Philip Zimbardo (1933 - ) is known for leading the Stanford Prison Study, a controversial experiment which investigated the psychological effects of being a prisoner or prison guard. In the experiment, college students were randomly assigned to become prisoners or guards.
During the course of the experiment, both the prisoners and guards rapidly internalized their roles (they started to become their roles), with the guards becoming sadistic, and the prisoners becoming passive and depressed. Originally designed as a two-week experiment, the duration was cut short after 6 days due to the emotional trauma experienced by the participants.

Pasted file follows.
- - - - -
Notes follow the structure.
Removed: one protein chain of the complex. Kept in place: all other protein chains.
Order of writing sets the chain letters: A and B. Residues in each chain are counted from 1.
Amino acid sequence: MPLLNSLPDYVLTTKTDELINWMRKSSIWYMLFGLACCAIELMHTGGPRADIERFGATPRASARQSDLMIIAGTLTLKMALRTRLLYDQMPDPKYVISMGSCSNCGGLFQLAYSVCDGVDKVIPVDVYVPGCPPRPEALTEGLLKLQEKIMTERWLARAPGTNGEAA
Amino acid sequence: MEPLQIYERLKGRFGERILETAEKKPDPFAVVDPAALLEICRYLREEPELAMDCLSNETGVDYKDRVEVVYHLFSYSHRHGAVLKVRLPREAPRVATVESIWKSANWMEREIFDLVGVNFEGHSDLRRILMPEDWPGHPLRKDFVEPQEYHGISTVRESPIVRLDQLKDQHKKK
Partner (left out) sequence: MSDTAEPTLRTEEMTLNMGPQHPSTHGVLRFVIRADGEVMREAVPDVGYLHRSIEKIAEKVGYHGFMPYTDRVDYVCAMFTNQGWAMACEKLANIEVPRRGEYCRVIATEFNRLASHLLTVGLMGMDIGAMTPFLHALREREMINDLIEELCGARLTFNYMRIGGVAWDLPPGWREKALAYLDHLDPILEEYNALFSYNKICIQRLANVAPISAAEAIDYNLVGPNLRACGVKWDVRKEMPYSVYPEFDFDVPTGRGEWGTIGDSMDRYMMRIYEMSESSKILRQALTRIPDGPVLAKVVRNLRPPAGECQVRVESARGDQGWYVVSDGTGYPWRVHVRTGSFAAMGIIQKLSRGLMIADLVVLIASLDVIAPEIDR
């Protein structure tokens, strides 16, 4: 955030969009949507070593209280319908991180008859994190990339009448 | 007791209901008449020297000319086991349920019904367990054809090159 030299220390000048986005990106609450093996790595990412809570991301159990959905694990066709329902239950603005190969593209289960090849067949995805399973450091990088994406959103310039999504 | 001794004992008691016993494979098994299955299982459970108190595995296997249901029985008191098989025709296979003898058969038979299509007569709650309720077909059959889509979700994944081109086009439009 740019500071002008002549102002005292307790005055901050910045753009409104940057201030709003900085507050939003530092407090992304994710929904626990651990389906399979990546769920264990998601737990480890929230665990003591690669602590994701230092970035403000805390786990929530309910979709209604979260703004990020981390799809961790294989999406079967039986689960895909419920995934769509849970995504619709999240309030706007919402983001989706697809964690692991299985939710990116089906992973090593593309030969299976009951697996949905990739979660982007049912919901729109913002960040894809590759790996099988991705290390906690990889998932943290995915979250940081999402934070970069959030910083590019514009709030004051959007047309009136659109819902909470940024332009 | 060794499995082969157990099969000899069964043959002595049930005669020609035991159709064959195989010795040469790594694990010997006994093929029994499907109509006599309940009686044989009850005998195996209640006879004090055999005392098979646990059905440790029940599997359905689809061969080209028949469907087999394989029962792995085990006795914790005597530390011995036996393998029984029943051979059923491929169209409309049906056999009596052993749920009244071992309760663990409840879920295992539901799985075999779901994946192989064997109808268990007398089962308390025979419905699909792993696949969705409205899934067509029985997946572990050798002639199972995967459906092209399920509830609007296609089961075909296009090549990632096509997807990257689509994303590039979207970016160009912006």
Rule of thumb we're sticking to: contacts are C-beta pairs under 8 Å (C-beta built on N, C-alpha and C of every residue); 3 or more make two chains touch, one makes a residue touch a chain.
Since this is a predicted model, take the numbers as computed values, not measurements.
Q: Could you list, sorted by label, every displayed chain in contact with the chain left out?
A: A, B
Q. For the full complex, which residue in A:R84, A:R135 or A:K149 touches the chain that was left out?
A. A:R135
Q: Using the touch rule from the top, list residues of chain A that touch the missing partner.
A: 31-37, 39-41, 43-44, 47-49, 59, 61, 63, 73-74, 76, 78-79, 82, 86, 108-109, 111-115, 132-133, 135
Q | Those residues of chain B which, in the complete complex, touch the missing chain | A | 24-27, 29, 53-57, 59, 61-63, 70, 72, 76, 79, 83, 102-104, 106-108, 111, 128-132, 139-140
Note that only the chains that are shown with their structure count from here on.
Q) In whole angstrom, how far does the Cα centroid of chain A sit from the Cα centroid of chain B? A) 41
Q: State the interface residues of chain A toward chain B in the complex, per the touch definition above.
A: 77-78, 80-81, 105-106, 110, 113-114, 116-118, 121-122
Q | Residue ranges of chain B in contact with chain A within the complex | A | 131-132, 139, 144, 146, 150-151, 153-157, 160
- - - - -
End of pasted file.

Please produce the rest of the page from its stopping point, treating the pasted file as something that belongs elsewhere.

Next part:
The study demonstrated what Zimbardo calls the Lucifer Effect - how good people can turn evil in response to the situation they are in, and not as a result of their real personalities.